This happens because while a compound travels through the column with the mobile phase, it spends some time sticking to the stationary phase that is bonded to the column.
The key point is that different compounds spend different lengths of time stuck on the stationary phase.
The exact time that a compound spends interacting with the stationary phase will depend on its chemical composition (and the chemical composition of the stationary phase).
So, when a sample containing a mixture of chemicals is injected into the chromatograph, they separate out and exhibit a characteristic tR.
If you need to think of it another way, you can imagine that a compound “held up” by the stationary phase will have a longer tR than another traveling freely with the mobile phase.
And all compounds are held up to a greater or lesser extent.
GC Components: A Closer Look
Figure 1 shows the basic components that make up a GC system.
1. Sample Injector
The type of sample may vary greatly depending on the study’s aims.
Typically, GC samples consist of non-polar, low molecular weight, thermally stable, and vaporizable chemical material.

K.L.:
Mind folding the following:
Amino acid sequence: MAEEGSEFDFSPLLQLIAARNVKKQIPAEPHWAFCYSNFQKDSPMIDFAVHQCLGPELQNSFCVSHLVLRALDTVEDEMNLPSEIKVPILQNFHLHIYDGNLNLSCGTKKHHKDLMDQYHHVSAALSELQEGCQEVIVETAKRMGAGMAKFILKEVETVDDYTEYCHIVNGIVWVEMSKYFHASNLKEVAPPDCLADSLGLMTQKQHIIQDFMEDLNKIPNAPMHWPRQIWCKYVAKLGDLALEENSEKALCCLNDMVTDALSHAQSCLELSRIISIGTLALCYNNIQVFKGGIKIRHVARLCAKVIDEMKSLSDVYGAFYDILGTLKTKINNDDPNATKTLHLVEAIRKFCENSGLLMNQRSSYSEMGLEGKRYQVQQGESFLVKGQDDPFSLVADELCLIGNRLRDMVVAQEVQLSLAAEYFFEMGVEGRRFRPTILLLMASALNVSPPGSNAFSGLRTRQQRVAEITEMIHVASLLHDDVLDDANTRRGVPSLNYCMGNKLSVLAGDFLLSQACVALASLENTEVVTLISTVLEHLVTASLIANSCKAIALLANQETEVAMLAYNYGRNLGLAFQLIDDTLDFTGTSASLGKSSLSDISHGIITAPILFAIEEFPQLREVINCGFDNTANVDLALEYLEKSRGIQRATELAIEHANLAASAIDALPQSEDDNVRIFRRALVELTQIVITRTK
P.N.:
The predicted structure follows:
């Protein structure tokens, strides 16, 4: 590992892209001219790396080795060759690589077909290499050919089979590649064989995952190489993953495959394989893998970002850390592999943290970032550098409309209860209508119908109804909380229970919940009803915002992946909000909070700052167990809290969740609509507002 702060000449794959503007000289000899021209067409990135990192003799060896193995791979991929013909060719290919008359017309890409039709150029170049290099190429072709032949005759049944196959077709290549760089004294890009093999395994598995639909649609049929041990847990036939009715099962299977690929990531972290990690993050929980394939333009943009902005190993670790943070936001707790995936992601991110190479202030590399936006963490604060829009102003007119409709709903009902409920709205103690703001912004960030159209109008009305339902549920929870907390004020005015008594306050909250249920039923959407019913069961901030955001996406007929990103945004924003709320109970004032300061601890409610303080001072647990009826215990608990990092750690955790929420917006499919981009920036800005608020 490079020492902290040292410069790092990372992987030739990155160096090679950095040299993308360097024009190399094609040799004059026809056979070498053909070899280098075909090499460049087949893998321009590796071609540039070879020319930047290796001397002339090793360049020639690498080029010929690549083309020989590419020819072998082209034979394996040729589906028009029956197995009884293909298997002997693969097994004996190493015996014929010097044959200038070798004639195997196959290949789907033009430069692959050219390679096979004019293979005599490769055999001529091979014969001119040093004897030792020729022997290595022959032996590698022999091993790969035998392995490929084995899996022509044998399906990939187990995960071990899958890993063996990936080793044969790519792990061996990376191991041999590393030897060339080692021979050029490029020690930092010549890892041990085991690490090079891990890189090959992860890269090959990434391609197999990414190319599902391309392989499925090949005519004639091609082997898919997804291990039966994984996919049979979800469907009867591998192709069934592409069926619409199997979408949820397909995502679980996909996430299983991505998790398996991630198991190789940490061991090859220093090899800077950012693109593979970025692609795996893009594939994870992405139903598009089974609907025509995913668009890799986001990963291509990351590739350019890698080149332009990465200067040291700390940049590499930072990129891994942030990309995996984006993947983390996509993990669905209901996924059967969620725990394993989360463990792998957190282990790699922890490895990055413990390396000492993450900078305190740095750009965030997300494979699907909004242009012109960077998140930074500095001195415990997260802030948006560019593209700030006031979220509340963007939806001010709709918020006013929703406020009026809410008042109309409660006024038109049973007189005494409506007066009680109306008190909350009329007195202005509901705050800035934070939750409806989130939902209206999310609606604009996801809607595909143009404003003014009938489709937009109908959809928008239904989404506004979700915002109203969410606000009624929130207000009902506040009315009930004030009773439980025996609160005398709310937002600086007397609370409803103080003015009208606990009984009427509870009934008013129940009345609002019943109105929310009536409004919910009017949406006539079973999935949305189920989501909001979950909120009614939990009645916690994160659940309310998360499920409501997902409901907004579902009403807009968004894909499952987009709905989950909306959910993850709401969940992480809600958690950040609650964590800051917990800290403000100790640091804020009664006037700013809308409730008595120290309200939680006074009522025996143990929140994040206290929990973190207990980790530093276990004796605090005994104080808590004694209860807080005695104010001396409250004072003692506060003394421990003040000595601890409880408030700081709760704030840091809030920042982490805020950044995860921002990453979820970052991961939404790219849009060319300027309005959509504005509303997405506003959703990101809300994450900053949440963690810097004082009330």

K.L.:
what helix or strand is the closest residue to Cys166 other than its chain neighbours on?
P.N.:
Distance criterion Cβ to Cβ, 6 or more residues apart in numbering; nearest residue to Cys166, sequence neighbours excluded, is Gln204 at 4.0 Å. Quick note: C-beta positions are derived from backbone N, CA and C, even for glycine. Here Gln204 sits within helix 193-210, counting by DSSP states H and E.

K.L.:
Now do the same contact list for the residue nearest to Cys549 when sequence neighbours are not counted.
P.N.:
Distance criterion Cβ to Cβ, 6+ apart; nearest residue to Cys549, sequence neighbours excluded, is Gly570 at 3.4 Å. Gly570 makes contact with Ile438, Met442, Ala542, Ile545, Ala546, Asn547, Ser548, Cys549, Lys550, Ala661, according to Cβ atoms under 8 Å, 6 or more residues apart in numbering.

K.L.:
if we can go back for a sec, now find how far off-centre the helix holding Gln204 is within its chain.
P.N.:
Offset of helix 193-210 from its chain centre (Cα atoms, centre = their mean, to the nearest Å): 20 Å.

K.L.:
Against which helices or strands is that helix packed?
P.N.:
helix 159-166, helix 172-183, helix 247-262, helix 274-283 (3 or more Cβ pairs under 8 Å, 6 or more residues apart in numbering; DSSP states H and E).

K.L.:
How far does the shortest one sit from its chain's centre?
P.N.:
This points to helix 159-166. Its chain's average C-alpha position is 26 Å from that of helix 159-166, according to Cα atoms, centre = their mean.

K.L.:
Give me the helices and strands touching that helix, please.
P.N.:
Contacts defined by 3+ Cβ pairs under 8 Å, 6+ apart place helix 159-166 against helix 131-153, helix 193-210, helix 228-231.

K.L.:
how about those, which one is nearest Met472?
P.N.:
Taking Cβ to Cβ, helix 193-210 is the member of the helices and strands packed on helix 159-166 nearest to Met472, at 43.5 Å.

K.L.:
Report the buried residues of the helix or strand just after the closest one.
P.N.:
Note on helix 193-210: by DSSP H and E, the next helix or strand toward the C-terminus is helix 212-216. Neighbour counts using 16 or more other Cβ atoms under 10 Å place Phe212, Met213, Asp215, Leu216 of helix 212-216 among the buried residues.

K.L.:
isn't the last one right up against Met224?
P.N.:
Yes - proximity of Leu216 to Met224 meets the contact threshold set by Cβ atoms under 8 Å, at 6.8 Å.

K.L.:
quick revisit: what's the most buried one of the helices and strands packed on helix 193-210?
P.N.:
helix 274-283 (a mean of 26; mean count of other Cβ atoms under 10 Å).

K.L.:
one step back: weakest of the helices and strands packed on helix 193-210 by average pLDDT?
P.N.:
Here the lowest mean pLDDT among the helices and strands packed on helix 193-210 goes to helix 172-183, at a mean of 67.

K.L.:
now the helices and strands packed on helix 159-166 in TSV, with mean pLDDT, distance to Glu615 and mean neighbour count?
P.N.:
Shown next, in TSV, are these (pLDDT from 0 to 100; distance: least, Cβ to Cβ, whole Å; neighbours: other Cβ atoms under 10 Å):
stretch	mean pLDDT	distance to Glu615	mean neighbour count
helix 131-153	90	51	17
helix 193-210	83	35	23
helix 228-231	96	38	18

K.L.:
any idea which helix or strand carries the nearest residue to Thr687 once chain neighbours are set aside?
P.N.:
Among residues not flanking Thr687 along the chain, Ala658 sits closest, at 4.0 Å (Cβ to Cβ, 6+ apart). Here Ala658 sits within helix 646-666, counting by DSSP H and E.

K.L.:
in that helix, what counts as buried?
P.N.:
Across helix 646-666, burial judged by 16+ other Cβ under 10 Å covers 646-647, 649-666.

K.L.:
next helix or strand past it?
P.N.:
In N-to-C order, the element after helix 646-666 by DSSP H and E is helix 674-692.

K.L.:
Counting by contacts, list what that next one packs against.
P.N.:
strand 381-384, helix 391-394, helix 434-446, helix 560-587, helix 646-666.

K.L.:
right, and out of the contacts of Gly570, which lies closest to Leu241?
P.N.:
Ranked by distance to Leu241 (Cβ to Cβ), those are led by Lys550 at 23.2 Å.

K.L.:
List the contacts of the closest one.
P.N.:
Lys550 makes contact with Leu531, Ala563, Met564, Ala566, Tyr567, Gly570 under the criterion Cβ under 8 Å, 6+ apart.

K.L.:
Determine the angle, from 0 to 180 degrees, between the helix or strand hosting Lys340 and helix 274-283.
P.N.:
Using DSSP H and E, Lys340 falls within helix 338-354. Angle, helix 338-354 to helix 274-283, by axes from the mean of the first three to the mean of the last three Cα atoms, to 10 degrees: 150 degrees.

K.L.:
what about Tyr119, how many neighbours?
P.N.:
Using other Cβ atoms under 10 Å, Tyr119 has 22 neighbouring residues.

Samples may be a single substance, a mixture, a liquid, or a solid that is dissolved in a solvent. And only a few microliters need to be injected into the GC for analysis. This is done using a syringe.
It is also possible to analyze gaseous samples such as air and breath. In these instances, injection is usually performed through a gas valve using a gastight syringe.
2. Column/Stationary Phase
This is where the separation of sample compounds takes place.
The column is a coiled tube made of metal or glass material that can withstand high temperatures. Columns vary in both length and diameter.
Typical dimensions are a diameter of 3 mm and a length of 5 m.
Bonded to the inside of the column is the stationary phase. This can be several different materials with varying polarities. It may also be either solid or liquid. In any case, the stationary phase interacts with your samples to achieve separation.